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Discrete Dynamics in Nature and Society
Volume 2015, Article ID 703695, 1 page
http://dx.doi.org/10.1155/2015/703695
Editorial

Nonlinear Dynamics in Epidemic Systems

1School of Computer and Information Technology, Shanxi University, Taiyuan 030006, China
2Complex Systems Research Center, Shanxi University, Taiyuan, Shanxi 030006, China
3College of Science, University of Shanghai for Science and Technology, Shanghai 200093, China
4School of Biomedical Engineering, Third Military Medical University, Chongqing 400038, China
5Institute of Theoretical & Experimental Biophysics, Pushchino, Moscow Region 142290, Russia
6Ecological Complexity and Modeling Laboratory, Department of Botany and Plant Sciences, University of California, Riverside, CA 92521-0124, USA

Received 6 April 2015; Accepted 6 April 2015

Copyright © 2015 Li Li et al. This is an open access article distributed under the Creative Commons Attribution License, which permits unrestricted use, distribution, and reproduction in any medium, provided the original work is properly cited.


Throughout history, infectious diseases, which are illnesses caused by a disease agent that can be transmitted from organism to organism, have had a big impact on the human health and social development. Since the great work of Kermack and McKendrick, modeling an epidemic has been one of the central themes in mathematical biology. The processes of disease transmission are complex and thus nonlinear dynamics are often observed.

One grander purpose of mathematical epidemiology is to predict in populations how diseases transmit between humans or animals in both time and space and find out the effective control and prevention measures which can guide policy decisions. Spatial epidemics systems based on reaction diffusion equations can be used to estimate the formation of spatial patterns on the large scale, the transmission velocity of diseases and reveal the regions where they may run a high risk of disease outbreak. Epidemic systems based on complex networks in which the nodes represent individuals and the links represent various interactions among those individuals and diseases can only spread along the edges of the networks can be used to reflect the heterogeneity of human beings. In this sense, epidemic systems based on reaction diffusion equations and complex networks are suitable for describing the process of epidemiology.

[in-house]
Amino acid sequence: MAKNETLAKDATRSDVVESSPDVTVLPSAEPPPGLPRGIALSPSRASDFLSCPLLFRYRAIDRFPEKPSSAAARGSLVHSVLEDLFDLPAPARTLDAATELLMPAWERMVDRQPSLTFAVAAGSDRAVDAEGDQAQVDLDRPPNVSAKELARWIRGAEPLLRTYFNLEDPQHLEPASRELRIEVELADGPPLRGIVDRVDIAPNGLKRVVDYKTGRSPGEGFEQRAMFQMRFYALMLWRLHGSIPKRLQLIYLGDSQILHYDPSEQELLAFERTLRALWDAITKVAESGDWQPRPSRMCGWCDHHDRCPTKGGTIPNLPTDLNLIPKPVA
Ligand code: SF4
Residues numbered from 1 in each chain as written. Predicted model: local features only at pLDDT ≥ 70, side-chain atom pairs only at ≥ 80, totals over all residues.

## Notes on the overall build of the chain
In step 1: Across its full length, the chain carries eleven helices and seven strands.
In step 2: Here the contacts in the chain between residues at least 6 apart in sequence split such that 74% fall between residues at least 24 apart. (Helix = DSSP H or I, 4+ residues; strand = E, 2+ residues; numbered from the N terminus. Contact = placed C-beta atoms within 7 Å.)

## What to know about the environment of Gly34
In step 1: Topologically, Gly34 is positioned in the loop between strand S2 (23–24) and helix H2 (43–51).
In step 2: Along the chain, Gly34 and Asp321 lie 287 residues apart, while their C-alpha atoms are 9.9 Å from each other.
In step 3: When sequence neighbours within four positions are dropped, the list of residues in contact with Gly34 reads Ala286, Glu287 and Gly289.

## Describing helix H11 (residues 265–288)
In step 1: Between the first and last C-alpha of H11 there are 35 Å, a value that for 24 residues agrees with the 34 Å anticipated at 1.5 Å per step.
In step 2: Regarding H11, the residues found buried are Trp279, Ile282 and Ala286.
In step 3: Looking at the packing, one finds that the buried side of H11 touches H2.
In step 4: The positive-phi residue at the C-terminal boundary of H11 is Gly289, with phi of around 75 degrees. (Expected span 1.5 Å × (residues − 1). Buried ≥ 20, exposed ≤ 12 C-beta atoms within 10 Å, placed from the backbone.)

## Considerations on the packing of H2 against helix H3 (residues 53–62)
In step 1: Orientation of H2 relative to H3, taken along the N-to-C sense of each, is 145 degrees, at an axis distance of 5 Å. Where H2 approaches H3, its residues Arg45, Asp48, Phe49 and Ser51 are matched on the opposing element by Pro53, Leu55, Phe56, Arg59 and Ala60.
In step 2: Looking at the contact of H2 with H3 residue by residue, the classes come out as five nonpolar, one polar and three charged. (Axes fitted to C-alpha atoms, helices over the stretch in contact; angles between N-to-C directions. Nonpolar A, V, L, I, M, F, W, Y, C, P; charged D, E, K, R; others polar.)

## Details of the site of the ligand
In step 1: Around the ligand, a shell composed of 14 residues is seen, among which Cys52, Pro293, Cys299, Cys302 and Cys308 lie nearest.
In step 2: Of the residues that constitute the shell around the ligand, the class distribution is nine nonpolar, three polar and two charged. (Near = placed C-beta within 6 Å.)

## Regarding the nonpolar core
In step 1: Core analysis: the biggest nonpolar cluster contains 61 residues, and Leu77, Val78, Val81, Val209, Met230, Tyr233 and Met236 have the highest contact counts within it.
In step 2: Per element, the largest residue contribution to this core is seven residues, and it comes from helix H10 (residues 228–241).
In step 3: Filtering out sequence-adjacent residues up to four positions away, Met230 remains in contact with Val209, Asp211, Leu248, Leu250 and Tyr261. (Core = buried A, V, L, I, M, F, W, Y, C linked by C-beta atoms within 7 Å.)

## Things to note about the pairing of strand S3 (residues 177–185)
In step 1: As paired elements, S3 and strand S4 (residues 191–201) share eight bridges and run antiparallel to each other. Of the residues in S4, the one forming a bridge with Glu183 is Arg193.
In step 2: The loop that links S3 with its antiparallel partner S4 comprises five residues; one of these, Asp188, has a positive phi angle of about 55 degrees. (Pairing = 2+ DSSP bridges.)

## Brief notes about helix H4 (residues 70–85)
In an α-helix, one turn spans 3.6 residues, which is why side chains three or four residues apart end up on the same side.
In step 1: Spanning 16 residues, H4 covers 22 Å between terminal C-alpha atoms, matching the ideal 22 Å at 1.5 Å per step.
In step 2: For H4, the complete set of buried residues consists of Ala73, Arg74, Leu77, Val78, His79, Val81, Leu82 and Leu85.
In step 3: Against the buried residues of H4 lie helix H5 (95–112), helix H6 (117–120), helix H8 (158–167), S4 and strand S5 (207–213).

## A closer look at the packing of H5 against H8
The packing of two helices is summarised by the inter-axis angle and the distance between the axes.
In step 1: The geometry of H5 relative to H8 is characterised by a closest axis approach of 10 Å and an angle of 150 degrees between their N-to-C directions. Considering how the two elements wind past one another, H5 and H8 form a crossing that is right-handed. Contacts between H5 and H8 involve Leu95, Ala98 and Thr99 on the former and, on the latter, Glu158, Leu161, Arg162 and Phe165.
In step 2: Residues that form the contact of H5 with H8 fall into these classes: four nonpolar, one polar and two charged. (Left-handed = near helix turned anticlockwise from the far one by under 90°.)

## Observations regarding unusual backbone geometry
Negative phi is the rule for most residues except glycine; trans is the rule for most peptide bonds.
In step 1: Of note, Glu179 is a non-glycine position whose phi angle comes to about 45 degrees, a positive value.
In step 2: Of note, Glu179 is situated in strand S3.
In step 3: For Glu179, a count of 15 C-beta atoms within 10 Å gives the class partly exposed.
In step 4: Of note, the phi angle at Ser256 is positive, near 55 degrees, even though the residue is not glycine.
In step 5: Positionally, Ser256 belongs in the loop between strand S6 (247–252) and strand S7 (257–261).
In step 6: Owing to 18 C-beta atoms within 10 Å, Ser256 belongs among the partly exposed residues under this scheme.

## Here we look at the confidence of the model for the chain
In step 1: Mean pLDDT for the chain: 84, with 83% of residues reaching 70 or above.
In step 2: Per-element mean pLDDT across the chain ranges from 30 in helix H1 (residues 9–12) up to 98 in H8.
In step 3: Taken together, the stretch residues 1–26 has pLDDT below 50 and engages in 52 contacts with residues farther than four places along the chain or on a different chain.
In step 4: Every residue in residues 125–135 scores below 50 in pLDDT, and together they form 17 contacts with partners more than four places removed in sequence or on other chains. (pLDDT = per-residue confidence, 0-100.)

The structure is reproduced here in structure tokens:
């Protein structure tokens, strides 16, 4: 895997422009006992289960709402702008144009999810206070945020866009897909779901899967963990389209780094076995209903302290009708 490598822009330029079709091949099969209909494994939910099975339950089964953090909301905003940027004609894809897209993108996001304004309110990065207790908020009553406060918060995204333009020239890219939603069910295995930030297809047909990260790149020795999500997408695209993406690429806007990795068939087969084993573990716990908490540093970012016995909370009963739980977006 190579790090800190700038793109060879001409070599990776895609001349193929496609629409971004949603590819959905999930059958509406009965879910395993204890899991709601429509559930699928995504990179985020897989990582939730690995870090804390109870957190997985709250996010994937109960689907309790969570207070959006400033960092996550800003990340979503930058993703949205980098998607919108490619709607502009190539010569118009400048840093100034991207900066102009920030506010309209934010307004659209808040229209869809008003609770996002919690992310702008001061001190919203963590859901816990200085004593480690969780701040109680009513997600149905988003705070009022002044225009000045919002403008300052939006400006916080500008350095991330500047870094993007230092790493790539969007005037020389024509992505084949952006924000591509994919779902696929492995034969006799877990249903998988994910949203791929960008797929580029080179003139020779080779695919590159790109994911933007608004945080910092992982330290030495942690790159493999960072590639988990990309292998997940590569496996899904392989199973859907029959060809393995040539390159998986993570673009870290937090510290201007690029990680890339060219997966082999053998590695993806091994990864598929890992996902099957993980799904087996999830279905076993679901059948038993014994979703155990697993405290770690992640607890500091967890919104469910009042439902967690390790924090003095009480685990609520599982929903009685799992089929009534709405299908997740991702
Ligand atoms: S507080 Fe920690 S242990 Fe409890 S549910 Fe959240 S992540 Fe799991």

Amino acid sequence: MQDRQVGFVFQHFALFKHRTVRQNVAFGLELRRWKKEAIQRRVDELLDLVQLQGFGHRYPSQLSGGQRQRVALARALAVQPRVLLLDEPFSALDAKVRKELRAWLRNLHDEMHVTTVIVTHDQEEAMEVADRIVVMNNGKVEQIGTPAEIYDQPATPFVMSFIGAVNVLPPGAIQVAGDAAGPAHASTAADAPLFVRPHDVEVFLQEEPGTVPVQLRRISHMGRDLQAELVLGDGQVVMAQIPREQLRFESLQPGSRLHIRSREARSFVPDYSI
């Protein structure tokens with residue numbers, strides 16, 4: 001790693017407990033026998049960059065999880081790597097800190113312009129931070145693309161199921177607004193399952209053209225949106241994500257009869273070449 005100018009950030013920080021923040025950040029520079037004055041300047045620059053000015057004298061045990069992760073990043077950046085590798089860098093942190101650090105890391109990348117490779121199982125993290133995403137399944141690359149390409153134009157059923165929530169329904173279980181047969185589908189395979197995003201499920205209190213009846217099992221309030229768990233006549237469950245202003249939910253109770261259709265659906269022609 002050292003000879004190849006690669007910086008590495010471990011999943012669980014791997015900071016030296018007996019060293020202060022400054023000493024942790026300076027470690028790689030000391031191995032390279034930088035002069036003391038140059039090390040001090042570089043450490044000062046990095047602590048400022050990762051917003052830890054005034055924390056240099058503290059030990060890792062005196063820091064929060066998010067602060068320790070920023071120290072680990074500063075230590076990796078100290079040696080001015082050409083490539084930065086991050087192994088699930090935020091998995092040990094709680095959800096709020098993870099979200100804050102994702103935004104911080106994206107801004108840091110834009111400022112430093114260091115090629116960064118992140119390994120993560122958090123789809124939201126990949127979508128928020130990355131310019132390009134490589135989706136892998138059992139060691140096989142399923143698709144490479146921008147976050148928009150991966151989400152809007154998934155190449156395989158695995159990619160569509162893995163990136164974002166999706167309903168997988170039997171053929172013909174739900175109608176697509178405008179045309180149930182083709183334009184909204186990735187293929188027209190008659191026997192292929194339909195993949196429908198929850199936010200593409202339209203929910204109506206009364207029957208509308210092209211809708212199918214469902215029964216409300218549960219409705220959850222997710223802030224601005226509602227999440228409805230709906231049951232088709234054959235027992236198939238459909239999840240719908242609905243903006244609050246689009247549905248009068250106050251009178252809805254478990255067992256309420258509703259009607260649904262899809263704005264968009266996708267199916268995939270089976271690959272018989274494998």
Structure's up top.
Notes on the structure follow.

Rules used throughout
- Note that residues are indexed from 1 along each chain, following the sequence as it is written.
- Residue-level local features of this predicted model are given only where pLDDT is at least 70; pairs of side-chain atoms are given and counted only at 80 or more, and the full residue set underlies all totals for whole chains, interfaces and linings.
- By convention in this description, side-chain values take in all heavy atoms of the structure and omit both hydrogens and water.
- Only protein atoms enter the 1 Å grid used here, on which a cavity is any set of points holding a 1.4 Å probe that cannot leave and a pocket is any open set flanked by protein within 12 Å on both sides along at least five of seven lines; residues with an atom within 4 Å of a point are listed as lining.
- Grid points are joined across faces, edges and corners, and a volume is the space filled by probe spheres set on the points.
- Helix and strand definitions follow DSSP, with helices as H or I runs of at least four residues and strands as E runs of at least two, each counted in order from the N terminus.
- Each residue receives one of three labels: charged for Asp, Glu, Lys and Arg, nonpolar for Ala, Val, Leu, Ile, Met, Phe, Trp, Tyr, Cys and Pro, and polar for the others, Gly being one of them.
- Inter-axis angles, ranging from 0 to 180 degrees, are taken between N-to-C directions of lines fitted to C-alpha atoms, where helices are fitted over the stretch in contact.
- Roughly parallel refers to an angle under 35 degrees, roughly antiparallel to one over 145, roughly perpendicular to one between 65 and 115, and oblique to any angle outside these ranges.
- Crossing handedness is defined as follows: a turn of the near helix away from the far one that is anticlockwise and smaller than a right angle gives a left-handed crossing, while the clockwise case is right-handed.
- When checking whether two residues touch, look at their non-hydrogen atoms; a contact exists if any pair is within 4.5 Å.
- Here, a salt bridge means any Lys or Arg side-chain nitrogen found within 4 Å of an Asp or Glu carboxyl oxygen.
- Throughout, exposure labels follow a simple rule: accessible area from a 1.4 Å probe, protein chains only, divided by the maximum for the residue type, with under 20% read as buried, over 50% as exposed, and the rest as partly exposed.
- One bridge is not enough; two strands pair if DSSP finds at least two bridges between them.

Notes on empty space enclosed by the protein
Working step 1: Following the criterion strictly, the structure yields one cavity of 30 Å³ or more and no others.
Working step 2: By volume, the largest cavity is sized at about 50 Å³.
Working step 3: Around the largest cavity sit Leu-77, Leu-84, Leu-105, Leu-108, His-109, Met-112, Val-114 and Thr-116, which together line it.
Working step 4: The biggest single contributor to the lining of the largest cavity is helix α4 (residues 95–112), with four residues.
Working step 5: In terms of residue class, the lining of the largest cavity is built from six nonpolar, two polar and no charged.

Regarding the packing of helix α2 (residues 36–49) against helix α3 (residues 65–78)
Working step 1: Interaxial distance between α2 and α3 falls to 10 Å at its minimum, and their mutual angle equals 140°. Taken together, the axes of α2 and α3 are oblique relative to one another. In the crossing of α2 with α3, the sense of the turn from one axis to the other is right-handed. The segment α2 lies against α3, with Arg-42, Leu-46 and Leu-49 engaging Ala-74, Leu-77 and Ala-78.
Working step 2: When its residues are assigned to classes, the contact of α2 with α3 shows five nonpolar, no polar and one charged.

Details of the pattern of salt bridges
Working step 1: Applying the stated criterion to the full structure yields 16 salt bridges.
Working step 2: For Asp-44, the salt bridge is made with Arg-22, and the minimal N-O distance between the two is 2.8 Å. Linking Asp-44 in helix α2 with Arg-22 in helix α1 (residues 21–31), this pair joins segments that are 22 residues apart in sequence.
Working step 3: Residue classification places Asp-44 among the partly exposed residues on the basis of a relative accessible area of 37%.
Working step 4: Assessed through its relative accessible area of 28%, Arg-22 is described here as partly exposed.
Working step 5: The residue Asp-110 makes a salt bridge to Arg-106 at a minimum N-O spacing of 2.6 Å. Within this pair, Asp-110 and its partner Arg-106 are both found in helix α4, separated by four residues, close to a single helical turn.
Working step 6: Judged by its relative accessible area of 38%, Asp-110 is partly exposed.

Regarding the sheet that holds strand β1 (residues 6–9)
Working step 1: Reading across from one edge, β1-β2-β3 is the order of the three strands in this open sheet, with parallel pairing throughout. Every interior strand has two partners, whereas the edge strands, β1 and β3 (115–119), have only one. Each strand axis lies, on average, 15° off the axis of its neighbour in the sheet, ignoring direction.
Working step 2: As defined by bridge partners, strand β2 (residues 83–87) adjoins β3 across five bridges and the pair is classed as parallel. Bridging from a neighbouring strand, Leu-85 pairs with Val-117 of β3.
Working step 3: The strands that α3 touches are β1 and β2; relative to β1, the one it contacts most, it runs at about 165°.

The special issue received many manuscripts from the scholars in these research fields. The topics of these accepted papers are from theoretical studies to applications in real diseases, including global dynamics in complex networks, stability analysis in HIV infection, threshold behavior on multistage epidemic, and mathematical modelling on Ebola in West Africa.

It should be noted that it is not easy to gather all the research work in the fields of nonlinear dynamics in epidemic systems. We know that although more work is needed, this special issue may be seen as a new start for the investigations on nonlinear dynamics in epidemic systems. As a result, we can predict that more and more excellent work on this topic will emerge and it will enjoy a huge boom in the future.

Li Li
Zhen Jin
Sanling Yuan
Kaifa  Wang
Alexander B.  Medvinsky
Bai-Lian Li